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Five Differences Between Small Towns and Cities

I recently spent time last weekend visiting my daughter, in the small town of Waynesboro, Pennsylvania, some 169 miles away from Pittsburgh. It’s a nice vacation away from the hustle-and-bustle of the city. Cows line the sides of the road as you reach the outskirts of town, and every so many foot there’s a billboard reading “Repent!” or “Praise Jesus!” or something of that manner.

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Waynesboro has the feel of a sparsely-populated city as you get closer to the city limits, with a variety of quaint little coffee shops, bookstores, restaurants, and bars dotting the stone sidewalks. I used to live there, and returning is a nice reminder.


It’s this stark contrast between major metropolitan areas and these less-populated towns that hits me the most as we pass the Waynesburger, the town’s signature fast-casual restaurant. I’m suddenly affected by it, and I begin to compare and contrast the differences and similarities between cities and small towns.

The shuffle of pedestrians is non-existent

One thing I love about big cities is that you never want for someone to talk to (if that’s your thing or you’re lonely) when you walk downtown. Waynesboro and other towns I’ve lived in and visited are a different beast entirely.

Obviously this comes from the fact that there are fewer people living there, to begin with, and thus fewer people who have the time to amble the streets. This is a working town, where families make their homes. Some nights are boozy, but for the most part, the nights are short. Even during the day, one or two stragglers is the limit to who you might find.

There’s less to do, so the days are slow and nights are low-key.

One thing about Pittsburgh I wasn’t expecting was the relative sleepiness (compared to cities like New York). As you can figure, Waynesboro and other towns are even sleepier. Residents go to work, come home to their families, and watch TV, or have a couple of beers, and sleep. Wake up and do it all again.

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I wonder how people can do this, to be honest. Even if I lived with my kid, I don’t know that I could handle it. It’s my own personal problem, though. I’m very easily bored, and I find I need constant stimulation – so as not to lose my mind. But then, not everyone is made for rural areas, just as not everyone is made for cities. It’s all up to preference, and that’s just fine.

Agriculture is overpowering.

Replace skyscrapers with farmhouses, and you have an idea of the landscape of towns like Waynesboro. One drawback of city life is its lack of scenery. I mean, I enjoy skyscrapers and industrial monuments, but I don’t know if they have the same emotional power as green trees and pretty pastures.

Regardless, there’s a massive difference in how they affect you. Where people seem so stressed in metropolitan areas, with higher degrees of depression, in rural areas, locals appear much less aggravated and unsettled.

It’s a trade-off with countless benefits, and, honestly, I miss it. Often, I find myself yearning to live in a small town, possibly on a farm raising chickens. Maybe I’ll do this, someday, but for now, I am where I am and that’s good enough. Visiting is refreshing, and I’m grateful for the opportunity.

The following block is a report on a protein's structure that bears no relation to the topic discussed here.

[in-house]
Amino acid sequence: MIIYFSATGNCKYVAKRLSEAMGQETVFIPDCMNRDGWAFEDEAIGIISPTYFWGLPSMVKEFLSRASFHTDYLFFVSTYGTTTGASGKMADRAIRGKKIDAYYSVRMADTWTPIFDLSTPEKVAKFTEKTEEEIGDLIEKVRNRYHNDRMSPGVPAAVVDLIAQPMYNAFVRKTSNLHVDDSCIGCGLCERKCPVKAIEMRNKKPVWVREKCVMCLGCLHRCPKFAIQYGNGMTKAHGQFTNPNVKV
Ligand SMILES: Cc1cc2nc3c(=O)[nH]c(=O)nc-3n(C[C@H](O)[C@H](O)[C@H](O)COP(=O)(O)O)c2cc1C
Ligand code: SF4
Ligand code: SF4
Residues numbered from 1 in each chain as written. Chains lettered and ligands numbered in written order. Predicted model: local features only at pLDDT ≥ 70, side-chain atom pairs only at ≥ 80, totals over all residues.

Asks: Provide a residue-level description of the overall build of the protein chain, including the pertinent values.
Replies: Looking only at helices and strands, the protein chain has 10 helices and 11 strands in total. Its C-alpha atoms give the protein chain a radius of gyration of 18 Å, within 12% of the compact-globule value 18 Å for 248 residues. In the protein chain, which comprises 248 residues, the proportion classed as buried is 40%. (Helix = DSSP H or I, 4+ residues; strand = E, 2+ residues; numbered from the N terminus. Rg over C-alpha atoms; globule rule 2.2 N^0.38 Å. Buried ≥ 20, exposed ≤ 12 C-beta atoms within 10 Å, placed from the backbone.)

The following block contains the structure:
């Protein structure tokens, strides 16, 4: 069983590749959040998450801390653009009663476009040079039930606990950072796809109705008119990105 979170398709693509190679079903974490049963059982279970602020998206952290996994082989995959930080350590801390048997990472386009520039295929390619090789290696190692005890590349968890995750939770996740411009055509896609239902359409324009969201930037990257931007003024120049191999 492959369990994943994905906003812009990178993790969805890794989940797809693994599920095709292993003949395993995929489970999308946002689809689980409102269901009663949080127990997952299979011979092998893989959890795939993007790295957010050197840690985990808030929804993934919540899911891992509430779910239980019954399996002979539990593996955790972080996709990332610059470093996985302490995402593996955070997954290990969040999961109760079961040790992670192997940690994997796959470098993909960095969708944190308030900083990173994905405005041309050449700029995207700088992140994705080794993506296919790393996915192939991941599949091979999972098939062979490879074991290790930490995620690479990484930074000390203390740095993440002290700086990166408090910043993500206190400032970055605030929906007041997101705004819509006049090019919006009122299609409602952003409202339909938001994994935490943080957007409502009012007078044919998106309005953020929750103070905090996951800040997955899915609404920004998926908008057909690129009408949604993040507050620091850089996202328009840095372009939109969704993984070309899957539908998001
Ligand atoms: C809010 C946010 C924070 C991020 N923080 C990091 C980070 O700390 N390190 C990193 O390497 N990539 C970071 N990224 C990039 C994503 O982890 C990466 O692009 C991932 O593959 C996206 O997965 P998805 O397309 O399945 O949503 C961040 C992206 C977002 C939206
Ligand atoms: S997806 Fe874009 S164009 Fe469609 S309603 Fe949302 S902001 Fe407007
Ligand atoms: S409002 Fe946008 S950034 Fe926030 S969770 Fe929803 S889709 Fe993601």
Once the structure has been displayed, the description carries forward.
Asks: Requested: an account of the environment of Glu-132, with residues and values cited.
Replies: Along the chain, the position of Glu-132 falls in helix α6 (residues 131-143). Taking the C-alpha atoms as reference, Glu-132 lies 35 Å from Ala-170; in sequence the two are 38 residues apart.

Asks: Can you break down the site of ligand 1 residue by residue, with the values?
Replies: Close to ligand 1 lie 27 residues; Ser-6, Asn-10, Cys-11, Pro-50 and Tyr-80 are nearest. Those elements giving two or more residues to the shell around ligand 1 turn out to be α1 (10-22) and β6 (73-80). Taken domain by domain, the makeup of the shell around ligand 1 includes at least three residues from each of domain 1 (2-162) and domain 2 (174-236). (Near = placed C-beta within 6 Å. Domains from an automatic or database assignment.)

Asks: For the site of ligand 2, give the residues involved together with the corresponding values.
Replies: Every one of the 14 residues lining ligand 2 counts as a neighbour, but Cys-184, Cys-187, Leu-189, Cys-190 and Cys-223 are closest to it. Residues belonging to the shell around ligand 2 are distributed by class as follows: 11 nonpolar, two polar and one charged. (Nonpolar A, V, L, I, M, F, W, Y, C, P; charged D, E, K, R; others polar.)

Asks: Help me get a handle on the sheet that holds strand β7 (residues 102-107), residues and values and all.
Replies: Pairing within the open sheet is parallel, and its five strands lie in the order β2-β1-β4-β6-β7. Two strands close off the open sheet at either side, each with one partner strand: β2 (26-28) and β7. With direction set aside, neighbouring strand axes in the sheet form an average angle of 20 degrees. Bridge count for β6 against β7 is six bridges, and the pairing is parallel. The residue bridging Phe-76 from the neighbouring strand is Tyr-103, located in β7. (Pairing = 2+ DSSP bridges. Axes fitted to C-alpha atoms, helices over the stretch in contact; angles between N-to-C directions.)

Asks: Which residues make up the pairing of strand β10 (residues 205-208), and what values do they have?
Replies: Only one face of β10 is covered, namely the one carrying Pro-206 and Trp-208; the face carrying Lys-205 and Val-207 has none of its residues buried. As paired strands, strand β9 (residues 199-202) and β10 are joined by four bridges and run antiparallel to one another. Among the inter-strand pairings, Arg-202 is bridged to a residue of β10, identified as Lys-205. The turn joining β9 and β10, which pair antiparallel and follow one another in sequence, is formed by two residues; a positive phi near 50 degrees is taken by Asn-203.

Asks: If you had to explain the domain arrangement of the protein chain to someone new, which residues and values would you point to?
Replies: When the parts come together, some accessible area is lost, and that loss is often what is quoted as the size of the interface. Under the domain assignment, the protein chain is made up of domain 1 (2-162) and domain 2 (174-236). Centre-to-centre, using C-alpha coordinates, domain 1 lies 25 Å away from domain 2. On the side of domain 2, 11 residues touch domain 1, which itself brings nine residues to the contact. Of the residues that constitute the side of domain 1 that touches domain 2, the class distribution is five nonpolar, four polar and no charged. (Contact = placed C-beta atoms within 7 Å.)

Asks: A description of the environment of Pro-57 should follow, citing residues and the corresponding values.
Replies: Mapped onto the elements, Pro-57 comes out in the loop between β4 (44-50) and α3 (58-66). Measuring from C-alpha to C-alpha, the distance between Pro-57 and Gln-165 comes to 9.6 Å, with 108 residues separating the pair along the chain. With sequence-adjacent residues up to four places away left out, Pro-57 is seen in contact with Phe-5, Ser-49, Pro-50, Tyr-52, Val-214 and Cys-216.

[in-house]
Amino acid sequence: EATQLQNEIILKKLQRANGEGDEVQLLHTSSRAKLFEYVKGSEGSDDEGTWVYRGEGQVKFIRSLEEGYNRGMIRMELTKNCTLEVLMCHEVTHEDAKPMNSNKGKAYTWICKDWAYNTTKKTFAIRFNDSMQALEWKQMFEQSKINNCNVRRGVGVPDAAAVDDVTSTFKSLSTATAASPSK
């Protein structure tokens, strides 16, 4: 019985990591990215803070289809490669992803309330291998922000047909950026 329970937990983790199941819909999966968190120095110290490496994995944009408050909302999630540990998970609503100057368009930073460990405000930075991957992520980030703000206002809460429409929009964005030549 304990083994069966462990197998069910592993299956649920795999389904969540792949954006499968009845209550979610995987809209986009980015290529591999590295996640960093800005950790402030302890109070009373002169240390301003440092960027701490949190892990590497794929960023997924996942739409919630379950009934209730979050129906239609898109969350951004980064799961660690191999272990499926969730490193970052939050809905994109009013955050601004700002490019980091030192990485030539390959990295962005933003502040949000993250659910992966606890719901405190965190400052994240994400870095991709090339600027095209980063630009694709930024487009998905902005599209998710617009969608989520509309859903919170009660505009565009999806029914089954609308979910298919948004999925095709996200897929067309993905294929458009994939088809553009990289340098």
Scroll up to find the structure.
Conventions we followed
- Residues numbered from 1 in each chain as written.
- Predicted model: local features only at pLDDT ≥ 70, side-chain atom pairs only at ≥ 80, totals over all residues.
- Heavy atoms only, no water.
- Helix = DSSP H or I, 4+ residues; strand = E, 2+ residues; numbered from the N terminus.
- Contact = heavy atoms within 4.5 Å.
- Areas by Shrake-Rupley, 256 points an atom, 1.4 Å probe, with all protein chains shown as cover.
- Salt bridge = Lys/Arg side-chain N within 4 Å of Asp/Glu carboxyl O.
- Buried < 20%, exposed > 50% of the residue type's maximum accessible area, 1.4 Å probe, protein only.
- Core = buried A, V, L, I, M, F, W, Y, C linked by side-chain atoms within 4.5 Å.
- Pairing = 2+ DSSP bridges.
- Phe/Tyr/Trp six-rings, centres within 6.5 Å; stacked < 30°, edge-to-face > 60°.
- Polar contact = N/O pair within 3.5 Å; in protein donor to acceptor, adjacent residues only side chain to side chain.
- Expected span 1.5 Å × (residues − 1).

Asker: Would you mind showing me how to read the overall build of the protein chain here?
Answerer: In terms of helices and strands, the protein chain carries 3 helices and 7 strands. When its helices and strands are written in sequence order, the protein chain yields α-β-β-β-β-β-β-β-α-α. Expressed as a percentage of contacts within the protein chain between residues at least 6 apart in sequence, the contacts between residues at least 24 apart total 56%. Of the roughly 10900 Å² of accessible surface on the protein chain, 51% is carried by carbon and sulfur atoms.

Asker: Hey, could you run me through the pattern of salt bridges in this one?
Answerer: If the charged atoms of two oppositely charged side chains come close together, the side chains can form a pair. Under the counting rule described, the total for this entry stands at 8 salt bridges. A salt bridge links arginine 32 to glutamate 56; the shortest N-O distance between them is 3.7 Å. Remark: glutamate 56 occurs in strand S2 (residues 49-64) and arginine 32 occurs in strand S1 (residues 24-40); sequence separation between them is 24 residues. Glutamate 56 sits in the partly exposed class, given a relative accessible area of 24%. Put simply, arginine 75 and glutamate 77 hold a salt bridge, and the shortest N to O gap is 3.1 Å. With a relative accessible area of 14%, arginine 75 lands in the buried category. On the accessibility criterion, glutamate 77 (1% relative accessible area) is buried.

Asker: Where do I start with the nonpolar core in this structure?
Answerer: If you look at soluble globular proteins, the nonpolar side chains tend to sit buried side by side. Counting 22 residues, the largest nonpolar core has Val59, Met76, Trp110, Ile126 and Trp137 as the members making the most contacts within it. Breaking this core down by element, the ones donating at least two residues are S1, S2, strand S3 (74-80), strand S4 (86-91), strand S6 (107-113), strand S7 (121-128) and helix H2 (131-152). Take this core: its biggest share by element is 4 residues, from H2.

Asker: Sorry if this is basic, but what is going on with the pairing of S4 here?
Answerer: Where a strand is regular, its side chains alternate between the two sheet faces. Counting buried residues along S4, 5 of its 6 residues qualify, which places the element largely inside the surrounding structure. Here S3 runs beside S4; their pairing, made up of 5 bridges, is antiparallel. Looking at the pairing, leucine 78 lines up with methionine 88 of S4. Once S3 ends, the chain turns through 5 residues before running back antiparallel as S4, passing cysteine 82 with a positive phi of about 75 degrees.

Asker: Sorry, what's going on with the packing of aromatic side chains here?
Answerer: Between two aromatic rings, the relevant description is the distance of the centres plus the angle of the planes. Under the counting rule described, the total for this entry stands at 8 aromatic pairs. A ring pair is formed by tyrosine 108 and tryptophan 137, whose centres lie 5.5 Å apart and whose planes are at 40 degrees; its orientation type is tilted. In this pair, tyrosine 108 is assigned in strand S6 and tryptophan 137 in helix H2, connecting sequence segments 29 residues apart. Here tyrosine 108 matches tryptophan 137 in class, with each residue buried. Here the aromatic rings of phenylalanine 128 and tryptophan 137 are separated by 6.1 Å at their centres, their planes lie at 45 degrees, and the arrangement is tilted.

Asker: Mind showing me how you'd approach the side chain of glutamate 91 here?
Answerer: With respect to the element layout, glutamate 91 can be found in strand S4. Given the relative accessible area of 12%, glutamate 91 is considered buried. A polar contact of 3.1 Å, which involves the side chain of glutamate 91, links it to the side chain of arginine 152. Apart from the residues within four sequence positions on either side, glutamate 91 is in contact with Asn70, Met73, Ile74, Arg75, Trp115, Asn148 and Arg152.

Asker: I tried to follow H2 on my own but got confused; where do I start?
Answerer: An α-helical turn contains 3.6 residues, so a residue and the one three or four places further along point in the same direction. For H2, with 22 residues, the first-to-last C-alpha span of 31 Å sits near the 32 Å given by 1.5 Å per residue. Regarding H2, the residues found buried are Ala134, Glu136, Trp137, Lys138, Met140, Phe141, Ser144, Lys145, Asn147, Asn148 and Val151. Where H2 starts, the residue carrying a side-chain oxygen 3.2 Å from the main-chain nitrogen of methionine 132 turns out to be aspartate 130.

The only direction to go is up.

Whereas the populations of many American cities seem to have levelled off (or, in some cases, declined), Waynesboro and other towns are experiencing a rebirth. When I lived there almost a decade ago, the population was already rising.

That was before businesses like coffee shops appeared. With this renaissance, the number of folks calling Waynesboro home seems to be rising even further. And it’s not the only town for which this is the case. Other places are bringing in more hip attractions to encourage folks to move there.

The town I lived in before and after (Clarion, Pennsylvania) set up a brewery along its main street, as have other towns – from what I’ve read. Ironically, Waynesboro doesn’t have one. Yet, at least. Who knows what the future may bring, though. Tomorrow is another day, and things can change at a moment’s notice.

Small towns may seem easier to live in, but the truth isn’t necessarily that simple.

This wouldn’t be a complete list without a downside, and, the truth is, despite appearing less stressful, rural areas aren’t necessarily more livable than cities.

For one thing, while metropolitan areas have more crime, this is only the case because there are more people. The chance of anything happening increases with the number of people living in a given location. This is what obvious to anybody.

But violent crime such as murder does still happen. And even before this, small towns can (and often are) more stressful for people who don’t fit in. Friends can be harder to make if you didn’t go to high school or live there much of your life. In this respect, cities are by far easier places to make your home in.

And then there’s the financial aspect. A job isn’t guaranteed, and the cost of living seems to be going up everywhere. But, overall, places like Waynesboro do appear more livable than others.

Well, there we are. Five ways small towns and cities differ. If you live in a rural area or a city, you can probably figure there are plenty of differences. That said, these are a few of the ones I picked up on during my recent trip out of Pittsburgh.

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